Don Ramon Serafin Jr. at the counter
A picture of the late Serafin de Cuba Cigars owner, Ramon Serafin Jr.Photo courtesy of ARNOLD SERAFIN

He said he hopes that what started as a small tribute to his dad will leave a lasting impression on the area for many years to come.

“People always say your father was a cigar maker, why did he choose to open a shop in Tarpon Springs and not Tampa, which was once known as the cigar capital of the world?” Serafin said. “I tell them there was something about Tarpon that drew us to this place, like it was meant to be. Tarpon is a special place that is dear to my heart, and that’s why I wanted to do this mural, which showcases our history here.”

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In The Name of the Father

Arnold Serafin showing the Don Ramon 1942 Series cigar made in honor of his late father

TARPON SPRINGS — When Arnold Serafin’s father, Ramon, died in December 2019, the longtime owner of the Serafin de Cuba cigar shop knew he wanted to do something to honor his memory.

“After his passing, I always said I have to do something to honor him,” Serafin said recently from his shop at 45 Dodecanese Blvd. near the entrance to the historic Sponge Docks. “My father helped me build my business here and worked alongside of me here since 2007 and he was an integral part of my business and our family history, which has been making cigars since the late 1800s in Cuba.”

Serafin’s narrow, colorful shop is filled with cigar-making materials, memorabilia, photographs and paintings, many featuring his father.

He decided the best way to honor Ramon was staring him right in the face — he would create a cigar bearing his name, the Serie Don Ramon 1942.

“This cigar was a year in the making,” Serafin said of the 33-ring double corona, which he spent countless hours perfecting, from the design of the box and label to the blend of Nicaraguan and Dominican tobacco that fills the Connecticut wrapper. “It’s a premium smoke, mild and smooth, and I’m just blown away by the finished product because everything in the box has meaning, and I’m proud to say every part of the box was made by Cubans.”

The creation of the new cigar carried extra meaning for Serafin, as his father was a history buff who had a passion for reviving long-lost Tampa labels.

“We brought the Tarpon Sponger brand back in 2010 after more than 90 years,” he said of one of his shop’s most popular sellers. “It is an old Tampa brand that honors the Greek sponge divers, and it was the pride and joy of my dad. He was such a history nut and resurrecting old Tampa cigar brands is something he really wanted to do. Now he has a brand bearing his name.”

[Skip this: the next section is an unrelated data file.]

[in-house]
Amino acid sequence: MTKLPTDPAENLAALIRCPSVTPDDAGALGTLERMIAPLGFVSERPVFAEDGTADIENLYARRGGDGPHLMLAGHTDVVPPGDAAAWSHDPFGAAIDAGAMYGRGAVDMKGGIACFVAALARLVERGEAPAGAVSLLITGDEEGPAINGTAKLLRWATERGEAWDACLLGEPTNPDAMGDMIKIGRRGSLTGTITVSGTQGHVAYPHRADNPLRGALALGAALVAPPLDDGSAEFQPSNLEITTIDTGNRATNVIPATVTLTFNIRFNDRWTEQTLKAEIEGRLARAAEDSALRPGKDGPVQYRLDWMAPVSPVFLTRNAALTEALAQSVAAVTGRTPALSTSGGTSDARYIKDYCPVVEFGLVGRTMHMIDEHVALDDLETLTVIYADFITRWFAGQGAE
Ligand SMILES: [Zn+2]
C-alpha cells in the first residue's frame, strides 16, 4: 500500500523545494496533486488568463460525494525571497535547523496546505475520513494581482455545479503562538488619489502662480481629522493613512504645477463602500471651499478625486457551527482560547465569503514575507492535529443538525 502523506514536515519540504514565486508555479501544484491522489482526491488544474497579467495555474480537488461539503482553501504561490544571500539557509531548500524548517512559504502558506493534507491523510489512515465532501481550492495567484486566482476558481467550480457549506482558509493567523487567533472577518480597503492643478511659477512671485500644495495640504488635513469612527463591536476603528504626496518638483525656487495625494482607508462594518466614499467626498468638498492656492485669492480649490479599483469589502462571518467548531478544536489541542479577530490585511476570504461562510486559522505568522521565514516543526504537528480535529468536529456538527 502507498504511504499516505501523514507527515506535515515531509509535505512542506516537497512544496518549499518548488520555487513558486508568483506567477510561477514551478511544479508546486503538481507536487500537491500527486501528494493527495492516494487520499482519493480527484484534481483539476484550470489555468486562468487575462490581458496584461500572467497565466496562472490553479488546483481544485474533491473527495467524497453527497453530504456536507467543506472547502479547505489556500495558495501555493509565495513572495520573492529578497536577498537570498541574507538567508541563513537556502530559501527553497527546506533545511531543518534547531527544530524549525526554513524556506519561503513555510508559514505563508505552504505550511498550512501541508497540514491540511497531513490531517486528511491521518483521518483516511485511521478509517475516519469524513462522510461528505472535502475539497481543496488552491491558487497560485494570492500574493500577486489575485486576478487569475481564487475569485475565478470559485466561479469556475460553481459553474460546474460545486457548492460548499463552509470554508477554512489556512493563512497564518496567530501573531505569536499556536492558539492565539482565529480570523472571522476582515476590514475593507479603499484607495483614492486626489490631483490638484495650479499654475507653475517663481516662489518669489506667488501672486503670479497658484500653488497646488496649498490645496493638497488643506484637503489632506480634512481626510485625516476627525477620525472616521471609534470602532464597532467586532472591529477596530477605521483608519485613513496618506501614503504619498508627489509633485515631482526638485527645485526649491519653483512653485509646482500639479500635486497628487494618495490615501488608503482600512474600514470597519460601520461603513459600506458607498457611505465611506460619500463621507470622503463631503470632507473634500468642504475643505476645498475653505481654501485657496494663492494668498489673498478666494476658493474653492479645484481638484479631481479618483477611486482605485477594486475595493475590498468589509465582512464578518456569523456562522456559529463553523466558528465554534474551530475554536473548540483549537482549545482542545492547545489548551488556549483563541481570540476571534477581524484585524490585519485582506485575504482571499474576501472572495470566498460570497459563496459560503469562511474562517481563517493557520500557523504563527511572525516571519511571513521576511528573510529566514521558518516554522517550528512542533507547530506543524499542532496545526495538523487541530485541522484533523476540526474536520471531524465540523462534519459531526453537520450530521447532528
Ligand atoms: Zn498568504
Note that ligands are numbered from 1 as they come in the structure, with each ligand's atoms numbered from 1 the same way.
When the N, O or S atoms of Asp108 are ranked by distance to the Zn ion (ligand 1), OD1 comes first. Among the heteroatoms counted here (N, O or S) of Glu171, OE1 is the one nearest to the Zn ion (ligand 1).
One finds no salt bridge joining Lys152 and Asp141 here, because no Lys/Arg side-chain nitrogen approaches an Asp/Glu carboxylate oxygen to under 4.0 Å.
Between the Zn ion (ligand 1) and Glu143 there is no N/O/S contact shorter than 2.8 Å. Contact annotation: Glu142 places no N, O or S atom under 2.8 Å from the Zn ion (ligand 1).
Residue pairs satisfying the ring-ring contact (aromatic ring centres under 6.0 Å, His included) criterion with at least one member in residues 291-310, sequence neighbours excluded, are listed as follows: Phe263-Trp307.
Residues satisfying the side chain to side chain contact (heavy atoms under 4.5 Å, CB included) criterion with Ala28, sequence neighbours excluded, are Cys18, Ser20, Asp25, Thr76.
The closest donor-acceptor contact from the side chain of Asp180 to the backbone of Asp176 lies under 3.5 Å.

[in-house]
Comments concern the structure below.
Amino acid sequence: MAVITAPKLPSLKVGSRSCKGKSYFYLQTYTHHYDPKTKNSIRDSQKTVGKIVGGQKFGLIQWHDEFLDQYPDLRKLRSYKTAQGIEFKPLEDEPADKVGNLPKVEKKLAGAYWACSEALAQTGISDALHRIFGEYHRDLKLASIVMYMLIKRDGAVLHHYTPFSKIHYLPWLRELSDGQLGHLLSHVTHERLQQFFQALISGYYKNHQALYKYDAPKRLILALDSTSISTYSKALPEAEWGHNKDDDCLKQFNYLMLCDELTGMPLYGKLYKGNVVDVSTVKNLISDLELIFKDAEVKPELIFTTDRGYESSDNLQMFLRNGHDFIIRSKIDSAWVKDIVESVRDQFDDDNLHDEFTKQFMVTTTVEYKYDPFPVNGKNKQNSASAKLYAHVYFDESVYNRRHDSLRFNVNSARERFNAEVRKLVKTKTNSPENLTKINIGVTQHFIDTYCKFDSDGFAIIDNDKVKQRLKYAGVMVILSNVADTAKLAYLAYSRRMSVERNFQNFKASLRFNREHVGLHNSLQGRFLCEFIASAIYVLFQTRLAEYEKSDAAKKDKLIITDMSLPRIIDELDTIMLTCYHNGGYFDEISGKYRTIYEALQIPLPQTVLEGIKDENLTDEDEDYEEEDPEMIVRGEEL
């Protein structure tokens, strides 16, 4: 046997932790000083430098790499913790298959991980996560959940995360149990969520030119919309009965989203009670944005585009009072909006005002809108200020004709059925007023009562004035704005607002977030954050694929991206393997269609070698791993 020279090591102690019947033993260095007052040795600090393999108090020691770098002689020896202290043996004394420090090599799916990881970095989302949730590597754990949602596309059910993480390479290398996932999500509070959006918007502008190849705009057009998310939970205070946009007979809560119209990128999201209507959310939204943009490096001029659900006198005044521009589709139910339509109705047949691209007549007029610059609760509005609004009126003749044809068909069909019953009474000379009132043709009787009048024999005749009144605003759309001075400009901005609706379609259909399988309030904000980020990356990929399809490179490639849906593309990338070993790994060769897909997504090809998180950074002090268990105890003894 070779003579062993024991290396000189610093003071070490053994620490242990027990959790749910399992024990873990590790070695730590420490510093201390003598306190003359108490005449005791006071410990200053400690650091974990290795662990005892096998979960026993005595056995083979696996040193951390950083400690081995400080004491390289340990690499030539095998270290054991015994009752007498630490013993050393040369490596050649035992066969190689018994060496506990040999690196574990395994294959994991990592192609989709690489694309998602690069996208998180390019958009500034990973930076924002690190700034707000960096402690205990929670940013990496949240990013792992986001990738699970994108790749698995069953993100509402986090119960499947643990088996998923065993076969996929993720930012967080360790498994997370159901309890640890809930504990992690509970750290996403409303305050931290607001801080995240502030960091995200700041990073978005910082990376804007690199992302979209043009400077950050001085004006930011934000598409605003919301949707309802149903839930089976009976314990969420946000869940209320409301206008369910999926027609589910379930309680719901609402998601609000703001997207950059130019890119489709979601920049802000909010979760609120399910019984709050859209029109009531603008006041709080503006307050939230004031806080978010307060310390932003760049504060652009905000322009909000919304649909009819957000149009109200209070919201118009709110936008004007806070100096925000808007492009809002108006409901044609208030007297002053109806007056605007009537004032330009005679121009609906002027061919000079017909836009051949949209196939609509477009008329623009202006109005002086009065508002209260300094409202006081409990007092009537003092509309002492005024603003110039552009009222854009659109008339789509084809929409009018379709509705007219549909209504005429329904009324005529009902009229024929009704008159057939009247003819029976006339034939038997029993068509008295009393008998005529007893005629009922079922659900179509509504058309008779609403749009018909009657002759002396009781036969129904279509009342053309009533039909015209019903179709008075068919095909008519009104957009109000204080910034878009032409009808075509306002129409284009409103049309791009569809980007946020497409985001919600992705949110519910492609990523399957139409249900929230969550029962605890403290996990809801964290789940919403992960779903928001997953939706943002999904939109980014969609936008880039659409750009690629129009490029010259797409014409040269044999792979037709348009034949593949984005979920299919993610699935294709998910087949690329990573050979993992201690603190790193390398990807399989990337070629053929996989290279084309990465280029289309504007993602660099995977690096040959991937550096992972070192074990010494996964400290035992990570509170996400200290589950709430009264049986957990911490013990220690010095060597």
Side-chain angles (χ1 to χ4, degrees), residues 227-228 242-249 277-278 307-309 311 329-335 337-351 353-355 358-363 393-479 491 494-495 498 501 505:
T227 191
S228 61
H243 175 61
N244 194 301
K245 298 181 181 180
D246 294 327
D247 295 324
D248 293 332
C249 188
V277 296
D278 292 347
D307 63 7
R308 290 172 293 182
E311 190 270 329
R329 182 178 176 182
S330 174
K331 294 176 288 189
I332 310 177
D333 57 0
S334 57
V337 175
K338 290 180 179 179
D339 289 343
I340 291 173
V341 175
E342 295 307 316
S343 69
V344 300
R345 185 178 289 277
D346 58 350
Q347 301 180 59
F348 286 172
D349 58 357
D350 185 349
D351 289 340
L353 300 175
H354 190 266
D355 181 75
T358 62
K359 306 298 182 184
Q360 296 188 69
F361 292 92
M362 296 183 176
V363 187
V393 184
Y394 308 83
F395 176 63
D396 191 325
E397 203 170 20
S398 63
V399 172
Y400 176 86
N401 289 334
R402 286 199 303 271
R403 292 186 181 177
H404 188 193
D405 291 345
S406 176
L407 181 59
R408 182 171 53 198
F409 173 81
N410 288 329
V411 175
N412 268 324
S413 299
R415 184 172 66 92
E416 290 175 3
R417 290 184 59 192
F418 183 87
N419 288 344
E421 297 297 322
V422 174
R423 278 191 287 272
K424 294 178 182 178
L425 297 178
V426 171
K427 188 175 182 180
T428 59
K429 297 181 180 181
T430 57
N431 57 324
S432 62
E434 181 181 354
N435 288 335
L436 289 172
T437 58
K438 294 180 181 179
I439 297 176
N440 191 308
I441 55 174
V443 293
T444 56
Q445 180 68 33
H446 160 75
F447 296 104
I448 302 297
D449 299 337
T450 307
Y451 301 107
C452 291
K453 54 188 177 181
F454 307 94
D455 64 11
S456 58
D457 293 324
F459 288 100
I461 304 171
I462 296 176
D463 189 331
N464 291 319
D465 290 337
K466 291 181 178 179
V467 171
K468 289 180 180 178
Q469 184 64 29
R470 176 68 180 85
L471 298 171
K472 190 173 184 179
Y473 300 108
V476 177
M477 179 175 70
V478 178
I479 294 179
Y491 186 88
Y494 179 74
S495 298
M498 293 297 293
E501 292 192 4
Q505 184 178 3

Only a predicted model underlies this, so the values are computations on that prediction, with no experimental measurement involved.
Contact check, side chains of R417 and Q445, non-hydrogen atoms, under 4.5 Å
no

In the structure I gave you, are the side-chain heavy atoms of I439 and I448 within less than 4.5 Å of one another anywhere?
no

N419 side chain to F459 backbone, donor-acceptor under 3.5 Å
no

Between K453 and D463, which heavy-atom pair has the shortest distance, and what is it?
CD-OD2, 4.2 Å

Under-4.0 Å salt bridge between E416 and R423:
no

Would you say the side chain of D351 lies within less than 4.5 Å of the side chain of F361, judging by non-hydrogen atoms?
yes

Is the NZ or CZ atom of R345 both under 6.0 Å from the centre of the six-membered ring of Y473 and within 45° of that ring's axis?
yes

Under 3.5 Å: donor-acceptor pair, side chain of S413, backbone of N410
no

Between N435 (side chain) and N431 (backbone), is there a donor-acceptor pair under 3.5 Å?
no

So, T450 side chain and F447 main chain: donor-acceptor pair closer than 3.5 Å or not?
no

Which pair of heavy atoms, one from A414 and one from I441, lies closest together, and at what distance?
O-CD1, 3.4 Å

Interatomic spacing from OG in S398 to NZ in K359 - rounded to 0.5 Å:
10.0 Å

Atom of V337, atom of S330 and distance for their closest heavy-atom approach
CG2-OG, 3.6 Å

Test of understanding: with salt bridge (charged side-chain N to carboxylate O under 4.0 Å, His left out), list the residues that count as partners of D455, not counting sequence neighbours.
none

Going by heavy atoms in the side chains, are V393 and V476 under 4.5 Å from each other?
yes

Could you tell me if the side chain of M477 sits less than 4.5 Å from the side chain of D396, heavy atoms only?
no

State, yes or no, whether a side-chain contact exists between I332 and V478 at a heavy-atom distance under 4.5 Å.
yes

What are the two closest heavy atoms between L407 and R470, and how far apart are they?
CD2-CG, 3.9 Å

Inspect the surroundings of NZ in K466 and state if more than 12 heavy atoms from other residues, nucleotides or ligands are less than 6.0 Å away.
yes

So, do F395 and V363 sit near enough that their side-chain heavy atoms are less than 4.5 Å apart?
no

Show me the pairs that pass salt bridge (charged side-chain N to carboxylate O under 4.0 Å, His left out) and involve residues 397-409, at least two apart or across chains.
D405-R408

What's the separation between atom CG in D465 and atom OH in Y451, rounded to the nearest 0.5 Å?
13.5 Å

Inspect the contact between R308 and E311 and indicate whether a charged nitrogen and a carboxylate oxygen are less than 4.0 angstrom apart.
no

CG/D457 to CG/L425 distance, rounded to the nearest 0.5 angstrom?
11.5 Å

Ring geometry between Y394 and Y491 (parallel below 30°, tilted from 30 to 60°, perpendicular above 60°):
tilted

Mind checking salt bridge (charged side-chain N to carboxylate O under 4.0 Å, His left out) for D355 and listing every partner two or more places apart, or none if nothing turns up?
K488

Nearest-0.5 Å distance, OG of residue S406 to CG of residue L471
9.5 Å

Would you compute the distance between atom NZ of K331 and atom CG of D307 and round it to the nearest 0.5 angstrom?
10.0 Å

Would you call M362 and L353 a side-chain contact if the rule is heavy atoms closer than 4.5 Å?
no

Serafin said the response so far to the cigar has, well, blown him away.

“I’m at about 82 boxes sold, plus hundreds of loose ones,” he said in mid-June, noting the label is set to be featured in Cigar Aficionado magazine. “It’s been a huge hit. The outpouring of love and support has been great. I’m just blown away.”

One day in mid-April, longtime Serafin family friends Arelys and Gonzalo Constenla drove from their home in New Port Richey to pick up a box, and the couple spoke about Arnold’s tribute to his father.

“I thought it was a great idea,” Arelys Constenla said. “It’s exciting because he was such an amazing man, always telling stories about old Cuba. When I heard about the cigar, I told my husband I don’t care if you never smoke them, but this is such a great tribute and it speaks volumes of Arnold and the store.”

According to Gonzalo Constenla, who along with Ramon coached Arnold in Little League in New Jersey, the elder Serafin “was a great man and very lovable, and this is a special thing Arnold did to honor him.”

Serafin also owns a shop in Spring Hill. He said now that the work on his father’s tribute cigar has wrapped, he’s turning his attention to resurrecting the old Tampa labels Ramon loved so much.

“We just got the copyright for Flor de Tampa,” he said, adding he plans to continue selling his father’s cigar as long as there’s a demand. “I wish he could’ve seen this, to be truthful. But I think he’s watching — I really believe he’s watching — and I hope he’s proud.”